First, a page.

with one site being in the middle. I only have one public AS, but I have
selected doing the confederation approach (which some may consider to be
overkill with only three edges).
There are really several issues to consider, one of which certainly is
"overkill," but the others are:
1) in your case, you have to run allowas-in *anyway* because if your
transport or your "middle POP" goes down, so will your network and its
customers; so confederating isn't really buying you anything unless
your backbone is really vendor L3VPN
2) confederating / clustering can add to MED headaches and similar
While this is not directed at your deployment specifically, it is a
common newbie mistake to confederate something that doesn't need to
be, or to otherwise complicate your backbone because you think you
need to turn knobs to prepare for future growth. Guess what, that
growth might happen later on, but if you don't understand emergent
properties of your knob-turning, your plan for the future is really a
plan to fail, as you'll have to re-architect your network at some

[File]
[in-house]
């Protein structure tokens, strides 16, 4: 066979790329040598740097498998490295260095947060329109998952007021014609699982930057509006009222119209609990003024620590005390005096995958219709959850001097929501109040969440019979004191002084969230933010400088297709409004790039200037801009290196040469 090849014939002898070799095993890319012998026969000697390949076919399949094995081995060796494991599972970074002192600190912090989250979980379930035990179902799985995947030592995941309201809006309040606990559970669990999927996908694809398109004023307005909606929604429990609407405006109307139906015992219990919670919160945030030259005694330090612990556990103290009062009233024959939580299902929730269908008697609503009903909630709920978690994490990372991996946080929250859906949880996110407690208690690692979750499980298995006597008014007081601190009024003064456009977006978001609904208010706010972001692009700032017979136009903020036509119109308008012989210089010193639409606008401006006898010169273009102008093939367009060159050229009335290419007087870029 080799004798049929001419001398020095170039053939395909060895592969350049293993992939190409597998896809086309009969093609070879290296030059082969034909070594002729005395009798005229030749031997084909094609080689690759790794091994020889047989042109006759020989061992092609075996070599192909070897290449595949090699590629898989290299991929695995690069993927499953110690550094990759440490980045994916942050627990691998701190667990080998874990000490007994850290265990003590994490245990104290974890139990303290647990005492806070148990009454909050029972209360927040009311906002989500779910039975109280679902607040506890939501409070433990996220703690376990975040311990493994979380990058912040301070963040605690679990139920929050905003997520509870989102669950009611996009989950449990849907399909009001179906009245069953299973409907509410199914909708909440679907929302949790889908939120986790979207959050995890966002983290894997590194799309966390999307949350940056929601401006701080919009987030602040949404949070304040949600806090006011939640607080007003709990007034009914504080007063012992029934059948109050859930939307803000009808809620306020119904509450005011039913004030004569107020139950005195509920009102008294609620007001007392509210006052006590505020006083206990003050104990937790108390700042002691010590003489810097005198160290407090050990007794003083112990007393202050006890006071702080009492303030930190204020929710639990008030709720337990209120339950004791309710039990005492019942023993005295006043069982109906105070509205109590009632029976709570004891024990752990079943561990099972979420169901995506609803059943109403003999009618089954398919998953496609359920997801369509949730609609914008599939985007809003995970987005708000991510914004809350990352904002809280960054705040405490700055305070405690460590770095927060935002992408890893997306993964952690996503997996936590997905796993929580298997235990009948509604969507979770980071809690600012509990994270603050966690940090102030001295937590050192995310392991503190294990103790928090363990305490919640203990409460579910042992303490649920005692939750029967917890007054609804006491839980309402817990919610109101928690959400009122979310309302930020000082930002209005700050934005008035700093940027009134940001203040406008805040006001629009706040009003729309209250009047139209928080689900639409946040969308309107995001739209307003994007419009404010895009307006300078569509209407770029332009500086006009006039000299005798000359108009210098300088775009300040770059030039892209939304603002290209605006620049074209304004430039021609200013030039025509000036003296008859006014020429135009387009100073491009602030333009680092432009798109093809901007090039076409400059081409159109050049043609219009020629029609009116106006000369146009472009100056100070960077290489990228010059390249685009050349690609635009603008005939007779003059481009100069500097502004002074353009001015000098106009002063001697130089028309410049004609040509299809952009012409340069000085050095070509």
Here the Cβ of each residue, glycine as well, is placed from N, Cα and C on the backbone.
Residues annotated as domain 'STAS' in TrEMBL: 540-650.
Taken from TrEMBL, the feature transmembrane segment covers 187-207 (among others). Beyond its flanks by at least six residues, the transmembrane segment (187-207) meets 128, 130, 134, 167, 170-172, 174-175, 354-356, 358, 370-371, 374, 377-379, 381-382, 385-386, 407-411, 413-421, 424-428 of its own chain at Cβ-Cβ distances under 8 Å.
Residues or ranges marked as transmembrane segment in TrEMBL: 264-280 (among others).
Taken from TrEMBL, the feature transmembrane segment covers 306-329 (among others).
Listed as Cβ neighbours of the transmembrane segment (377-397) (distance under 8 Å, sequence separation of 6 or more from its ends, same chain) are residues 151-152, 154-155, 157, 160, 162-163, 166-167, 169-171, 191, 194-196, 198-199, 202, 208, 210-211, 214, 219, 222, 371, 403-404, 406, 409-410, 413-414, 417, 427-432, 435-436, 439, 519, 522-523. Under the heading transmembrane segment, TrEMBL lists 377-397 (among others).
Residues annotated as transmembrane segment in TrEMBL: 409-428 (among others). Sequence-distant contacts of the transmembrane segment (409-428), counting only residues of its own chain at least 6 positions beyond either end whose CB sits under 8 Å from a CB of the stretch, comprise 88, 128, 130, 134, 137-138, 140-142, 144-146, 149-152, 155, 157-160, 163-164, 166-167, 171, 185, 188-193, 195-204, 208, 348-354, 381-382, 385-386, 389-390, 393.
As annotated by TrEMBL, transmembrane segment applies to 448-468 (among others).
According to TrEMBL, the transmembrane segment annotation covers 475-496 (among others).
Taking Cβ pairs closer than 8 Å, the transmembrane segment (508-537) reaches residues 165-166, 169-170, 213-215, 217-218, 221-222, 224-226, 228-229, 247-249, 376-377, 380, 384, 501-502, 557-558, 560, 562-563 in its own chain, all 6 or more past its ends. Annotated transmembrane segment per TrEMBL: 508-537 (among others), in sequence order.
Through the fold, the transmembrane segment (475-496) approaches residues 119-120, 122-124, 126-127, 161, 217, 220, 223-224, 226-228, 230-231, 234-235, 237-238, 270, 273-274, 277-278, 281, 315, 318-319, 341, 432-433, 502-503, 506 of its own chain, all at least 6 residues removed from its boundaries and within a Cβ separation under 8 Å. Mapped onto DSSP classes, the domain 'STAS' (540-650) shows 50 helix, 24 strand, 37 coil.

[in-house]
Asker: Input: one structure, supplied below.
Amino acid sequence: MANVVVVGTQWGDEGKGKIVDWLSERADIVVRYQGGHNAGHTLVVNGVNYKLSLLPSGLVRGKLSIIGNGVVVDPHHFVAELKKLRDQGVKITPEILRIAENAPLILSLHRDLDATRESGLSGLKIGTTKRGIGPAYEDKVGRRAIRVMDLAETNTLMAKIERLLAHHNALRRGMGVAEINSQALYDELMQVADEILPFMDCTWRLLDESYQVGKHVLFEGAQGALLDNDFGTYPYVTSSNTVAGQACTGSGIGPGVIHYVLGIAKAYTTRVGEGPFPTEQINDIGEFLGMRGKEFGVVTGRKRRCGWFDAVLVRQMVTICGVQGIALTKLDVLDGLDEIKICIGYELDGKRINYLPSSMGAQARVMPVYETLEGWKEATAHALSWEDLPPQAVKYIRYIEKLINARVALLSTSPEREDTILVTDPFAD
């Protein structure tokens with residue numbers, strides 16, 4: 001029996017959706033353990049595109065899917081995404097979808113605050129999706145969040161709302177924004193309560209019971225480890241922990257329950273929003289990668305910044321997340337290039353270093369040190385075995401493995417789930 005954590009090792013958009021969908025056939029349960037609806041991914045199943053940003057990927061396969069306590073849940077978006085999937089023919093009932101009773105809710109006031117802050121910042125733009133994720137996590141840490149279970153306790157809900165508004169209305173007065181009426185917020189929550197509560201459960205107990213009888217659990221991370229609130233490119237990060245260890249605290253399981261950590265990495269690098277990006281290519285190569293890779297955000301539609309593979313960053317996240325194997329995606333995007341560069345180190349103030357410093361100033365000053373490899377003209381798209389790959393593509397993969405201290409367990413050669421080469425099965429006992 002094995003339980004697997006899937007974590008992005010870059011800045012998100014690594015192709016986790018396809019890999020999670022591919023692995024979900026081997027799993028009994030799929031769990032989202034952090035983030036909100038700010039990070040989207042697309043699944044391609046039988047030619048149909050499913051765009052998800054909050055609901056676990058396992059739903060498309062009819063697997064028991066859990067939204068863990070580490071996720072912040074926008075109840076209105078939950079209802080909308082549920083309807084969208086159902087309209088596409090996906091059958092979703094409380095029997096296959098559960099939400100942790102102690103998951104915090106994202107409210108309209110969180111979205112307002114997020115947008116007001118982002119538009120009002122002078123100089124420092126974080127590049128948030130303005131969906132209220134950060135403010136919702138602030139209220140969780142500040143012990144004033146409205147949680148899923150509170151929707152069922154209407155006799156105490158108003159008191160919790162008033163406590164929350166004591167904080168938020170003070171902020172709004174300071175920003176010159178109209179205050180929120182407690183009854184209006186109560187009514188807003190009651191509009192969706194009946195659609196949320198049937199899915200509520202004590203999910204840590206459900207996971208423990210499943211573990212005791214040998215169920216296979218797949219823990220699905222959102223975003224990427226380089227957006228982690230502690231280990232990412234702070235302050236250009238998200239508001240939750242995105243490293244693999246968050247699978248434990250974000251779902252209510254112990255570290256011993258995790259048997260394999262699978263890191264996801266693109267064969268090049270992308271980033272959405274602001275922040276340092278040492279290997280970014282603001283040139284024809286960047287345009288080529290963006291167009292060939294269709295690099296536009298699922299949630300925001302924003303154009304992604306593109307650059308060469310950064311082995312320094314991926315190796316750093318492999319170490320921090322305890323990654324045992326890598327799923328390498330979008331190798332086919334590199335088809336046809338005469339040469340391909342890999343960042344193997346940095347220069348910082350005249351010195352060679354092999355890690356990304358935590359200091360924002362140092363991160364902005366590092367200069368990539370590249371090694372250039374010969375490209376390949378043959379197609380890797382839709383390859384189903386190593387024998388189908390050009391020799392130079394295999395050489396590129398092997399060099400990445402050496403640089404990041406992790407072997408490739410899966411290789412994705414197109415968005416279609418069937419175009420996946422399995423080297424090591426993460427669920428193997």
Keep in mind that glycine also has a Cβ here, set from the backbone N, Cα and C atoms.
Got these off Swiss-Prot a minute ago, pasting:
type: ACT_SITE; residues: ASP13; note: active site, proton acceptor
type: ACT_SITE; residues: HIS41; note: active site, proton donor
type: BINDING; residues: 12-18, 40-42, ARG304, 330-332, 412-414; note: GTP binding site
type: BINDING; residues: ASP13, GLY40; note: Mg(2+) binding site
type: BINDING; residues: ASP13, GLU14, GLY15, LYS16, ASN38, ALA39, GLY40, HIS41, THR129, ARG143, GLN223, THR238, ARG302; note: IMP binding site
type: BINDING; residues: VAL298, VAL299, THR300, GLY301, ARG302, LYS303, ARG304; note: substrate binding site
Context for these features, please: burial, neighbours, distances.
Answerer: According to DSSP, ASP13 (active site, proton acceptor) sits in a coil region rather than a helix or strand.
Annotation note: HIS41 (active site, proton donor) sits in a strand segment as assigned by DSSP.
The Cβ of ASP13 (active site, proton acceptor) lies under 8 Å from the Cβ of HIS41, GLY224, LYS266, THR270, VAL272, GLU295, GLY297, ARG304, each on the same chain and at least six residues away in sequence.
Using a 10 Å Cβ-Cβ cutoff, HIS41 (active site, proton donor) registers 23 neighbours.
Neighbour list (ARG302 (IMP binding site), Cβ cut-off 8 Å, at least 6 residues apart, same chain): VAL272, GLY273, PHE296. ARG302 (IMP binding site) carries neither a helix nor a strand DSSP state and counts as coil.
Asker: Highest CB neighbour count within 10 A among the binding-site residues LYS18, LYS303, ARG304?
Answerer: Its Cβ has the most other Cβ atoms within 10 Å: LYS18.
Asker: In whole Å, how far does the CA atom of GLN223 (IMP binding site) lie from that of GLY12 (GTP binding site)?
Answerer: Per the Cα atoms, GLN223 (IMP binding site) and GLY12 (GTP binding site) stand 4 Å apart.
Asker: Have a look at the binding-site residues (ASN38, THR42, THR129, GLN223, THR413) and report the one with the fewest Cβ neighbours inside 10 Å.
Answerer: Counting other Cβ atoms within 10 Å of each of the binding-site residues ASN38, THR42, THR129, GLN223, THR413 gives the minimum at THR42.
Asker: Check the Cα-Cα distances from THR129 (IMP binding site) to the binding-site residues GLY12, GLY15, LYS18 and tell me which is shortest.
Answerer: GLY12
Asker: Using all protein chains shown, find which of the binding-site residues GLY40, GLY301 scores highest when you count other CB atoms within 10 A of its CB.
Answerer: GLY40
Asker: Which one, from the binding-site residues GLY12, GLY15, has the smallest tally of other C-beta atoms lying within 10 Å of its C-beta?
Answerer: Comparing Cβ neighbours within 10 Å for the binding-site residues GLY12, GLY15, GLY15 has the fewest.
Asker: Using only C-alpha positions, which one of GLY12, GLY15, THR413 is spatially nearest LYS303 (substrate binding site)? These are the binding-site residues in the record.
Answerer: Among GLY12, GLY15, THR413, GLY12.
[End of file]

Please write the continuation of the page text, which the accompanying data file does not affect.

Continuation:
point anyway, probably right when you need that scalability you
thought you engineered in early-on.
List readers should be strongly discouraged from confederating unless
they know they need to, understand its benefits, and understand its
potential weaknesses. In general, a network with effectively three or
six routers should never have a confederated backbone. The number of
guys who really understand confederating / route-reflection within the
backbone is very small compared to the number of guys who *think* they
are knowledgeable about everything that falls under "router bgp," our
beloved inter-domain routing protocol which gives the operator plenty
of rope with which to hang himself (or the next guy who holds his job
after he moves on.)
On the other hand if we'd had this capability years ago the notion
of a CDN based on anycasting would be viable in a multi-provider
environment. Maybe time to revive that idea?
That draft doesn't identify any particular technical challenges to
originating a prefix from multiple discrete origin ASNs other than the
obvious fact that they'll show up in the various "inconsistent origin
AS" reports such as CIDR Report, etc. It of course does identify some
advantages to doing it.
I imagine Danny McPherson and his colleagues have spent some time
looking into this, and can probably say with confidence that there are
in fact no real challenges to doing it today besides showing up in
some weekly email as a possible anomaly. It seems to be a taboo
topic, but once a few folks start doing it, I think it'll quickly
become somewhat normal.
Note that in the current IRR routing information system, it is
possible to publish two route objects, each with the same prefix, and
each with a different origin ASN. This is by design.